Artemis Fowl’s New Trailer Hints At A Reimagined Adaptation Of The Novels

Artemis Fowl’s New Trailer Hints At A Reimagined Adaptation Of The Novels

Though it’s taken some time for Kenneth Branagh’s adaptation of Artemis Fowl to make its way to the silver screen, it’s finally happening if you can believe it. Disney’s just dropped a new trailer featuring some of the book’s classic heroes who aren’t pre-teen criminal masterminds.

Were it not for the fact that the older Artemis Fowl (Colin Farrell) suddenly disappeared, leaving his wife Angeline (Miranda Raison) and son Artemis II (Ferdia Shaw) to fend for themselves, it’s likely that the younger Artemis never would have followed in his father’s footsteps down the path of international villainy. The new trailer establishes that while the rest of the world sees the Fowl patriarch as a renowned thief on the run, Artemis and his unimaginatively-named manservant Butler (Game of Thrones’ Nonso Anozie) are certain the public’s got things wrong, and they’ll stop at nothing to set the record straight including, but not limited to, setting off a war between humans and the fey folk who live in secret.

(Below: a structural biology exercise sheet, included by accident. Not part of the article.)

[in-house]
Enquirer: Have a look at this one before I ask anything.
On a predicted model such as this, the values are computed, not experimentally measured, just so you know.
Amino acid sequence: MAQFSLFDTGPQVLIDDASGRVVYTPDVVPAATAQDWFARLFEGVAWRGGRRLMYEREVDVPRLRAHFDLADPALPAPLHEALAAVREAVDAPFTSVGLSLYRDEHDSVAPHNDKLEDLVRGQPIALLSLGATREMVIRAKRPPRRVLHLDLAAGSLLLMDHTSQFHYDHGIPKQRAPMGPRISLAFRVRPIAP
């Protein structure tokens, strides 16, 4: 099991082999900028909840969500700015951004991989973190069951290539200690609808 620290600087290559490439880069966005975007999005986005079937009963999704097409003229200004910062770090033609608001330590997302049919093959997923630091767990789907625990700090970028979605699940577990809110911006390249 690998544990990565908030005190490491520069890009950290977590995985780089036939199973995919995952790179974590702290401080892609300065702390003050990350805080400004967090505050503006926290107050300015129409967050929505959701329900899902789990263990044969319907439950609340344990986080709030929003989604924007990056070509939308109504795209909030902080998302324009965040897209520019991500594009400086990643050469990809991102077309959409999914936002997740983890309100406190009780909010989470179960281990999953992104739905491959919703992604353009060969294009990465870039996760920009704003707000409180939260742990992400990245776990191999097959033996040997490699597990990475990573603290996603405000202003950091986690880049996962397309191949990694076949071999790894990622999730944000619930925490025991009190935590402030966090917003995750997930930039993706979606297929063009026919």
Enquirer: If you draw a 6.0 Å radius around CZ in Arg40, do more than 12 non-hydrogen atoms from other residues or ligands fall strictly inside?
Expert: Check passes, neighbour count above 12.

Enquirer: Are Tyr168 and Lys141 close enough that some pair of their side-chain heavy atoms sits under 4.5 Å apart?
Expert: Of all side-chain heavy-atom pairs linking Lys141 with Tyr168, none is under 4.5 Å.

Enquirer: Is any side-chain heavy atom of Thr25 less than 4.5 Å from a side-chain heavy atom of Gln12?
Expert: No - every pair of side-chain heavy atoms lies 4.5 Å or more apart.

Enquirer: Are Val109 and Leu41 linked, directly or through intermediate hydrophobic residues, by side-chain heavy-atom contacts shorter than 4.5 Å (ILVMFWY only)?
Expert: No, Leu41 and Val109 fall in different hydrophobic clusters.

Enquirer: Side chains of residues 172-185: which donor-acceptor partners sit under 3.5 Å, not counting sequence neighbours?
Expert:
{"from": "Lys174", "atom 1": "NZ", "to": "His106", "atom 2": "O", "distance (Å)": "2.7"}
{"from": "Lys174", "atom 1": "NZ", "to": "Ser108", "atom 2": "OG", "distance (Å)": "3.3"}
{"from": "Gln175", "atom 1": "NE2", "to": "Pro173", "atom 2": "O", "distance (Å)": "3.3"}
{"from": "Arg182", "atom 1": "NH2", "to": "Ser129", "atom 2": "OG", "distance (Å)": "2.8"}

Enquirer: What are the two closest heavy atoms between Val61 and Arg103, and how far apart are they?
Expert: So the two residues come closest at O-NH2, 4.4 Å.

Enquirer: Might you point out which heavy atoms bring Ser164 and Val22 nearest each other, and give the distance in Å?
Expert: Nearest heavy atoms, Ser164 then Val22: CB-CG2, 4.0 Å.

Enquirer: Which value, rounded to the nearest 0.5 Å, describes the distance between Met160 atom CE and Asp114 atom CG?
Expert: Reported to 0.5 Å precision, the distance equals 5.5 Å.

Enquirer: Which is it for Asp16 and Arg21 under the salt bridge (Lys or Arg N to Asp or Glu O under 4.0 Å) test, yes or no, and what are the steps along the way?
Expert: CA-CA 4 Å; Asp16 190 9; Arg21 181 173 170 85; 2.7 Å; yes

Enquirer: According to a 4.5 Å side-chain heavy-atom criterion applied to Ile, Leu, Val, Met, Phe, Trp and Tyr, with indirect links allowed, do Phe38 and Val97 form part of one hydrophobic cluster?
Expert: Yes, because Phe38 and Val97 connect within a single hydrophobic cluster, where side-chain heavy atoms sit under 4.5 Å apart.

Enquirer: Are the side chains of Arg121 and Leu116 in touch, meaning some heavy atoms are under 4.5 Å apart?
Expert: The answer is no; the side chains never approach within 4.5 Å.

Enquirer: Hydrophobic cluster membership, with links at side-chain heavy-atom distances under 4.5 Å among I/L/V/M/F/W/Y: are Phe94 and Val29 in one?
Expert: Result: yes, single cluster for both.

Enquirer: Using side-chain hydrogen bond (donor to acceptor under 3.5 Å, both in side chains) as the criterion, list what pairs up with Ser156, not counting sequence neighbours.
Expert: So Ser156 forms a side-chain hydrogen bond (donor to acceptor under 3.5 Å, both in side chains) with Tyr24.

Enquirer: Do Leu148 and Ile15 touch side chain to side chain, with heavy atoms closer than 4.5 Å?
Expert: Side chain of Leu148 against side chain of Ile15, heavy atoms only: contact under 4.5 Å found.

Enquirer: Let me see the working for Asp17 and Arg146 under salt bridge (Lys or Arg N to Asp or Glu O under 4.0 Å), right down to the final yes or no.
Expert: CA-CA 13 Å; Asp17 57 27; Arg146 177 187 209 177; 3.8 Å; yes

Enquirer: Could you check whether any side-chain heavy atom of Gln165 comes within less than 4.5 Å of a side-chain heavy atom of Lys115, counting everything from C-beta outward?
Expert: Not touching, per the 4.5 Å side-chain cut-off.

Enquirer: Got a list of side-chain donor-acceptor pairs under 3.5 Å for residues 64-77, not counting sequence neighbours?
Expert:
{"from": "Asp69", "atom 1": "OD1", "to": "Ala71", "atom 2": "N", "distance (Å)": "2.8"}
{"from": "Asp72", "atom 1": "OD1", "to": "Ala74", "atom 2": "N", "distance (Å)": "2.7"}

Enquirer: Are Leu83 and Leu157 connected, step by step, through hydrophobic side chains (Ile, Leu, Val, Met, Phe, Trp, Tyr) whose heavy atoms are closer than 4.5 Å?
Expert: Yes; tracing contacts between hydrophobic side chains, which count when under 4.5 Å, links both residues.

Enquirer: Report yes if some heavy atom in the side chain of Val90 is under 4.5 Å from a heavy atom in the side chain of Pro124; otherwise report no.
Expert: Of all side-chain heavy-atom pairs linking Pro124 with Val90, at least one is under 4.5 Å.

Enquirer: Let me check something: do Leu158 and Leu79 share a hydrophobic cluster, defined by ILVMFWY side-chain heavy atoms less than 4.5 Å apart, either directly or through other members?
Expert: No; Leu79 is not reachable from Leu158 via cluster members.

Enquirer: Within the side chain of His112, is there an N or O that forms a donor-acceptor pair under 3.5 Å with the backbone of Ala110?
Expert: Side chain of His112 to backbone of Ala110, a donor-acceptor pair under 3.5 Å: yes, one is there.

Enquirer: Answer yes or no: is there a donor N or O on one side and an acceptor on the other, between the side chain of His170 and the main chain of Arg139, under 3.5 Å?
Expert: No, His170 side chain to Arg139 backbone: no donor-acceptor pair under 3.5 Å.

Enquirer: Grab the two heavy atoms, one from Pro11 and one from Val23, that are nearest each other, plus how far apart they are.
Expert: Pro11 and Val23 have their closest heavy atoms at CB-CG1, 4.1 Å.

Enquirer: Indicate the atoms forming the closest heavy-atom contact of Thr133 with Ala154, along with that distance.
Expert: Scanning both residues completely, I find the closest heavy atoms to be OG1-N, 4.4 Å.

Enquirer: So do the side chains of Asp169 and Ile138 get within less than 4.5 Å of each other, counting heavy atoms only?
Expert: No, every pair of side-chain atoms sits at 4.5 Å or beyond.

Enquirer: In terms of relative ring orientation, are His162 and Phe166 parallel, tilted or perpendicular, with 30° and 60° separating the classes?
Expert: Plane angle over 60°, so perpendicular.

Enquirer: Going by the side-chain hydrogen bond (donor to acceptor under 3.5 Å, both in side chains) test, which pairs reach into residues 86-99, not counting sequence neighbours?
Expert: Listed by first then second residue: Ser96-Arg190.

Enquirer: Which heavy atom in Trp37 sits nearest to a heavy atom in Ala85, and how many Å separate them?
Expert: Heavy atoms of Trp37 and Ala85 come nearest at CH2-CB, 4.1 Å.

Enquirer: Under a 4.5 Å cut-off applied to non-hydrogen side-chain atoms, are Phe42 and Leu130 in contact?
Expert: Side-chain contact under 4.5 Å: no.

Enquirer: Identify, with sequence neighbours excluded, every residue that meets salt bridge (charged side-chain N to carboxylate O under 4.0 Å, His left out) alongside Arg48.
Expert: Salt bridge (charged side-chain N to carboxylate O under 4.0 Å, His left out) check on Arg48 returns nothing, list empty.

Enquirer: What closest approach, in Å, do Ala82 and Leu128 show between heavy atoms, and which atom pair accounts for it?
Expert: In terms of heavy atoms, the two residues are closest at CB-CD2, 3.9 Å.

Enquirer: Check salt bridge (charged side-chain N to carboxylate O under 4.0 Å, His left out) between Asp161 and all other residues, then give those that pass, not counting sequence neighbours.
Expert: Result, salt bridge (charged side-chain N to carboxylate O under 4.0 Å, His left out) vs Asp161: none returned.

Artemis’ quest to find his father puts him on a collision course with elf Lower Elements Police recon officer Holly Short (Lara McDonnell) and Mulch Diggums (Josh Gad), a dwarf with a penchant for selling valuable information to the highest bidder. We also see the teeniest glimpse of Judi Dench commander Root, chief of the magical LEPrecon force hellbent on keeping Artemis from discovering all of the magical world’s powerful secrets, and the whole trailer has the strange effect of seeming much more whimsical than any of Eoin Colfer’s novels.

What’s interesting about the trailer is that, from the looks of things, Artemis Fowl isn’t going to be a fully one-to-one adaptation of the original novel, and the movie’s overall tone could be significantly less grimdark compared to the source material. Shaw’s Fowl is very much a young boy who doesn’t give off the same kind of sociopathic energy the book’s Fowl does, which could very well be a strategic decision on Disney’s part in order to make the character more immediately accessible to audiences unfamiliar with the franchise. Artemis’ interactions with Holly and Mulch appear to be far less adversarial than they were in the books, suggesting that the movie could fast track the younger Artemis’ attempts to save his father rather than focusing on his initial plan to rob the fairies of their vast wealth—a plan that plays a rather important role in shaping Artemis’ complicated, at times adversarial relationship to the larger fairy world.

This could all be bulking towards an eventual turn for Artemis in future films where his becoming a heel and a villain in the fairies’ eyes might make for an interesting development down the line. Or it could simply mean that when Artemis Fowl breaks into theatres May 28, it’s going to be a much lighter, brighter adventure than fans of the books might have been expecting.